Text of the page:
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Enjoy Juiced.GS Volume 16, Issue 1 (March 2011)

Volume 16, Issue 1 (March 2011)
Volume 16, Issue 1 (March 2011)

Behind this publication’s first-ever full-color cover, you’ll find a review of text adventure Leadlight and the larger interactive fiction industry it represents; an interview with Alan Floeter, creator of Macrosoft and The Assembler; an overview of Mac, Windows, and Linux utilities for managing Apple II disk images and files; an introduction to the retrocomputing hobby; and much, much more!

Check out this issue’s links to online resources for more related content.

Don’t be left out — sign up for a 2011 subscription!
Get the latest Apple II news, reviews, interviews, and how-tos,
delivered right to your mailbox.

Now available: the entire 2010 volume at a discounted rate!

Not sure what to think? Check out our sample content!

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Structured Applesoft online supplements

Structured Applesoft screenshot

Shortly after Ivan Drucker joined the Juiced.GS staff last fall, he shared with me a concept he was working on: Structured Applesoft. It’s a new way of programming in a familiar language that makes the programs easier to develop, read, and edit, all without requiring new software, routines, or patches.

Structured Applesoft screenshot

Ivan started detailing the concepts of Structured Applesoft in the December 2009 issue and finished in March 2010. The limits of the print edition prevented him from fully outlining all the guidelines he’d devised, though, so we decided to save some of the more esoteric ideas for online, where interested parties could explore them without pushing out more general-interest topics from the print edition.

In the process of crafting this final installment, Ivan found an obscure error with some of the code that was printed in this week’s issue of Juiced.GS. Though a correction will appear in the June issue, we decided to include this update with the other content that was already intended for our Web site.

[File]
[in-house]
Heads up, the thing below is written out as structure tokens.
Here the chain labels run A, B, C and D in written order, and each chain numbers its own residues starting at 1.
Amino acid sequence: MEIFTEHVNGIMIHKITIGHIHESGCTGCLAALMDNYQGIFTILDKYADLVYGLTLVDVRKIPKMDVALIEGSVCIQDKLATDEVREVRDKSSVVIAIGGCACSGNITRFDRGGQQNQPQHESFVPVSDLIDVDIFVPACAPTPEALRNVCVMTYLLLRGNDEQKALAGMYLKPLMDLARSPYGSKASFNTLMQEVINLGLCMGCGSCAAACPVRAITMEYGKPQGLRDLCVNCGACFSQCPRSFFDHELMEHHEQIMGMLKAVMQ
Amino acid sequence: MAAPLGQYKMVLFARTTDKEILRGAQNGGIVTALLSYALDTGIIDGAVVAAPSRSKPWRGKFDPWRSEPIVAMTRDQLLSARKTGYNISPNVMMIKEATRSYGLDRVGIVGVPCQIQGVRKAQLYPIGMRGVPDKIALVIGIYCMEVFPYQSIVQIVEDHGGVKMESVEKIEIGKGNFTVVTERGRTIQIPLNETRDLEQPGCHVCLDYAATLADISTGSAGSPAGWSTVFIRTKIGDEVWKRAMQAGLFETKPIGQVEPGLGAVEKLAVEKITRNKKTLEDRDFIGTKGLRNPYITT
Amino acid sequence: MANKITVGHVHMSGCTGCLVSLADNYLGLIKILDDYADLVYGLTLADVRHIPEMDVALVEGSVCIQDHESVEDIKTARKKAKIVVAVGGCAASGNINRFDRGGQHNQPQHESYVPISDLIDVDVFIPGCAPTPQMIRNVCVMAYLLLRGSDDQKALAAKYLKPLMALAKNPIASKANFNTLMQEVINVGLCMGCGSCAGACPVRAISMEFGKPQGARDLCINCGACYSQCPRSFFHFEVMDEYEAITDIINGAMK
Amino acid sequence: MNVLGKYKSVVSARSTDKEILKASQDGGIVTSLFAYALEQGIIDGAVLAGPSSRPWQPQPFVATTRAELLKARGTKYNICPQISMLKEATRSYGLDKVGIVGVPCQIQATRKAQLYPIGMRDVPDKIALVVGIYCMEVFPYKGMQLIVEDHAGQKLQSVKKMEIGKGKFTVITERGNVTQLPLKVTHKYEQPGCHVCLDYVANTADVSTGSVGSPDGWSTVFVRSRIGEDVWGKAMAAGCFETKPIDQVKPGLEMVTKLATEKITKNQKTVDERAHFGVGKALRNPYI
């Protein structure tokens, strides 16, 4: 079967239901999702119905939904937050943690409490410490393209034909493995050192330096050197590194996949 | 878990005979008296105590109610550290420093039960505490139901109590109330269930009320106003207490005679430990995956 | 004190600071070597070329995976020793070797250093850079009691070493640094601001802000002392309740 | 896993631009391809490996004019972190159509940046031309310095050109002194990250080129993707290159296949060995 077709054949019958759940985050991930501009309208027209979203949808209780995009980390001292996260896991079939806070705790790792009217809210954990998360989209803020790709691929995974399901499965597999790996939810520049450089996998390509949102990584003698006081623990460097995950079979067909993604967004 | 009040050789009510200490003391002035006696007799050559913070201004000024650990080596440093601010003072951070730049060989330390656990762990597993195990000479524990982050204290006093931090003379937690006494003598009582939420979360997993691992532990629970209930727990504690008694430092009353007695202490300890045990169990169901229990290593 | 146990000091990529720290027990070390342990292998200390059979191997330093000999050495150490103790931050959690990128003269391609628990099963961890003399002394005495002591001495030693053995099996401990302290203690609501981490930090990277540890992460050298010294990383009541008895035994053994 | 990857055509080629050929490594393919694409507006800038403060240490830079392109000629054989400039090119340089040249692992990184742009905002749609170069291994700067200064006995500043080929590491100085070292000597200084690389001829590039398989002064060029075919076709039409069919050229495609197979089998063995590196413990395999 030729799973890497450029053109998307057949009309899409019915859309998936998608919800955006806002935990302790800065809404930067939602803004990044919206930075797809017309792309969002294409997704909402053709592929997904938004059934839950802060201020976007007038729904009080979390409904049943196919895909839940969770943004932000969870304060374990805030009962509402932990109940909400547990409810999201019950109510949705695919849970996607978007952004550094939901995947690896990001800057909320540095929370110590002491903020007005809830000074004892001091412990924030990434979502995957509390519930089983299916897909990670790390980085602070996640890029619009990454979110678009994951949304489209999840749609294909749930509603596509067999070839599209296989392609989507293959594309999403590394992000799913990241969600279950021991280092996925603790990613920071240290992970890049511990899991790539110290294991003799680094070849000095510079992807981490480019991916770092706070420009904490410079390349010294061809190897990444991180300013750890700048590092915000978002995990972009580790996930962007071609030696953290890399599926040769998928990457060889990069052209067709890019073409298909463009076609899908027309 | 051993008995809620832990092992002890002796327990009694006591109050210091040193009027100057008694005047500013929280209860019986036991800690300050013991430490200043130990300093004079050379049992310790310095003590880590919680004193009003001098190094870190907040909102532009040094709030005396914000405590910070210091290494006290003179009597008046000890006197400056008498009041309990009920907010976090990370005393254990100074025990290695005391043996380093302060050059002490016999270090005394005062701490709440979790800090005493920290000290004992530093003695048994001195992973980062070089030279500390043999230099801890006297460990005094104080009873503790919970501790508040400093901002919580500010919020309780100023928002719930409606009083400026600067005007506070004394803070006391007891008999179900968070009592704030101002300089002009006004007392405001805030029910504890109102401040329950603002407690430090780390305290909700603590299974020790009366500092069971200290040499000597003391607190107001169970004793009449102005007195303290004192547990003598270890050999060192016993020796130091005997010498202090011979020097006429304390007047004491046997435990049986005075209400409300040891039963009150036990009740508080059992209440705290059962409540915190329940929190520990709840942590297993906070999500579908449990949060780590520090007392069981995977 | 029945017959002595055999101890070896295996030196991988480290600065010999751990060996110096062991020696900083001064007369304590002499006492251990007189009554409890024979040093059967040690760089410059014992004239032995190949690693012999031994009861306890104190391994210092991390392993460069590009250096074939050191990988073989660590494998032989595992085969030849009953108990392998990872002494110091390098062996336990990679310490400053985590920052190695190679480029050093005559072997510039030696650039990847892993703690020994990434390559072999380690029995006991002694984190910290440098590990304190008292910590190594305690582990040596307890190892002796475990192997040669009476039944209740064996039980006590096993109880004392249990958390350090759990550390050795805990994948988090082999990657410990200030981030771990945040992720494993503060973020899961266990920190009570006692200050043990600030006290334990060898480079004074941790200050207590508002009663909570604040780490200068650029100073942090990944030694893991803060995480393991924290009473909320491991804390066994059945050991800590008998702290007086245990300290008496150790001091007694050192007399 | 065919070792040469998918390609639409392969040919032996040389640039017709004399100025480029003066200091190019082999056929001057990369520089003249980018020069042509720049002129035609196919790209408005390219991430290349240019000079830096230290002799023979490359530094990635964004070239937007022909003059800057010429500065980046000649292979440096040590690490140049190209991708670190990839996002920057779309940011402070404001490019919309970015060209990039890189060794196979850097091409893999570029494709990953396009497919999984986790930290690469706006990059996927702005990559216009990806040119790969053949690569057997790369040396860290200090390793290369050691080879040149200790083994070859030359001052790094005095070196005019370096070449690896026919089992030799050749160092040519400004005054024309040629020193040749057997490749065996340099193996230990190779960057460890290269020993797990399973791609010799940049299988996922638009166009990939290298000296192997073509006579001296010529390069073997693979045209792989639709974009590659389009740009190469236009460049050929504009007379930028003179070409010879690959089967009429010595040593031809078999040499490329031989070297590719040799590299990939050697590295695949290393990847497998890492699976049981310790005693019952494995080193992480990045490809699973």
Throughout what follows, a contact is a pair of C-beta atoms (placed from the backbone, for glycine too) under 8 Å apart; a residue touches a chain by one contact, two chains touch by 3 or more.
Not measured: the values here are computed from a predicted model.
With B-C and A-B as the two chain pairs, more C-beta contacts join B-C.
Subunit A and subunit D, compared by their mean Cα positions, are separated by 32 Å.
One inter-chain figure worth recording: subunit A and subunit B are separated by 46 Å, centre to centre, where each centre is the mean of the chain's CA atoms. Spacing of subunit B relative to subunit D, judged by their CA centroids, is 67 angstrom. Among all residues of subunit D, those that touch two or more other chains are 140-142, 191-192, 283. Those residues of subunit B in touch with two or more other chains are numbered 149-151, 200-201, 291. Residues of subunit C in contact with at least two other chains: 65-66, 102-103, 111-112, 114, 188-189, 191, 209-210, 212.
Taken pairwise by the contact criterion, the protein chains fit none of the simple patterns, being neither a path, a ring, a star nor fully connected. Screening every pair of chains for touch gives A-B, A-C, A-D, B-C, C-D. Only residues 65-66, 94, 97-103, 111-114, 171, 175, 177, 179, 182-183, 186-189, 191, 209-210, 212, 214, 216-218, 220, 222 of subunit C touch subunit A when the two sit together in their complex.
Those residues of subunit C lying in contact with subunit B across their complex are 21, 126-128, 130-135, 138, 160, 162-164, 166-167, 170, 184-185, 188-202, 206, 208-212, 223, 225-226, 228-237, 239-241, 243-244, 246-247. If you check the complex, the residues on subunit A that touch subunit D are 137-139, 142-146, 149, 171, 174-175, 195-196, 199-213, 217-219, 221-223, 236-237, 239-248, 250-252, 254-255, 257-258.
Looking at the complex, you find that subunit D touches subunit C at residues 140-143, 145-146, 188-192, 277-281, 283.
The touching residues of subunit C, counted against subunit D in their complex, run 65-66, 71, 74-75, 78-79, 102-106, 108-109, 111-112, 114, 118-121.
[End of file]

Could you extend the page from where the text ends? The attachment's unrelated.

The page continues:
The correction and two supplements are now available online. You can view the material as a Web page or as a Juiced.GS-style PDF. Ivan has also provided a sample program that demonstrates these Structured Applesoft concepts. Links to these pages have been added to the issue links for Volume 15, Issue 1.

We hope you find these files to be useful elaborations on this approach to BASIC programming. Thanks to Ivan for pursuing this topic so thoroughly!

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Volume 15, Issue 1 now shipping

Volume 15, Issue 1 (March 2010)

Volume 15, Issue 1 coverIt’s nearly the end of the calendar year’s first quarter, which can mean only one thing: another issue of Juiced.GS has shipped to all domestic and international subscribers!

The 24-page March issue features several in-depth articles, including Mike Maginnis’ review of the iDisk card; the first of a four-part tutorial on transferring files to and from an Apple II; the conclusion to Ivan Drucker’s guidelines for programming in Structured Applesoft; and more. There were more engrossing articles than could fit into our usual 20-page format; I hope nobody minds the extra content.

One of this issue’s articles is a collaborative effort by members of the Apple II community who came together to commemorate Joe Kohn, who passed away earlier this year. If you’re a subscriber who can’t wait for your issue, this tribute is being offered as a free PDF download; if you aren’t a subscriber, then I invite you to share these memories of Joe.

There will be additional online content posted soon, as Ivan’s Structured Applesoft article touches upon some complex concepts that will be elaborated upon in bonus material he’s crafting for our Web site. Look for his sample code to be listed in the issue links as soon as it’s ready.

The Juiced.GS staff worked hard and had fun putting together this issue. I regret only that their hard work in helping ensure the issue is as accurate and polished as possible means they won’t have the pleasure of reading it for the first time when it arrives in the mailboxes later this week. The least I can do is buy them a drink at KansasFest — though in the case of associate editor Andy Molloy, I’ll pay that debt sooner than that. With our deadlines behind us, we can focus on having fun on the PAX show floor when we meet up in Boston tomorrow for a weekend of fun and games.

Enjoy the issue! Questions, comments, suggestions, or concerns? Please email us, or leave a comment on the blog!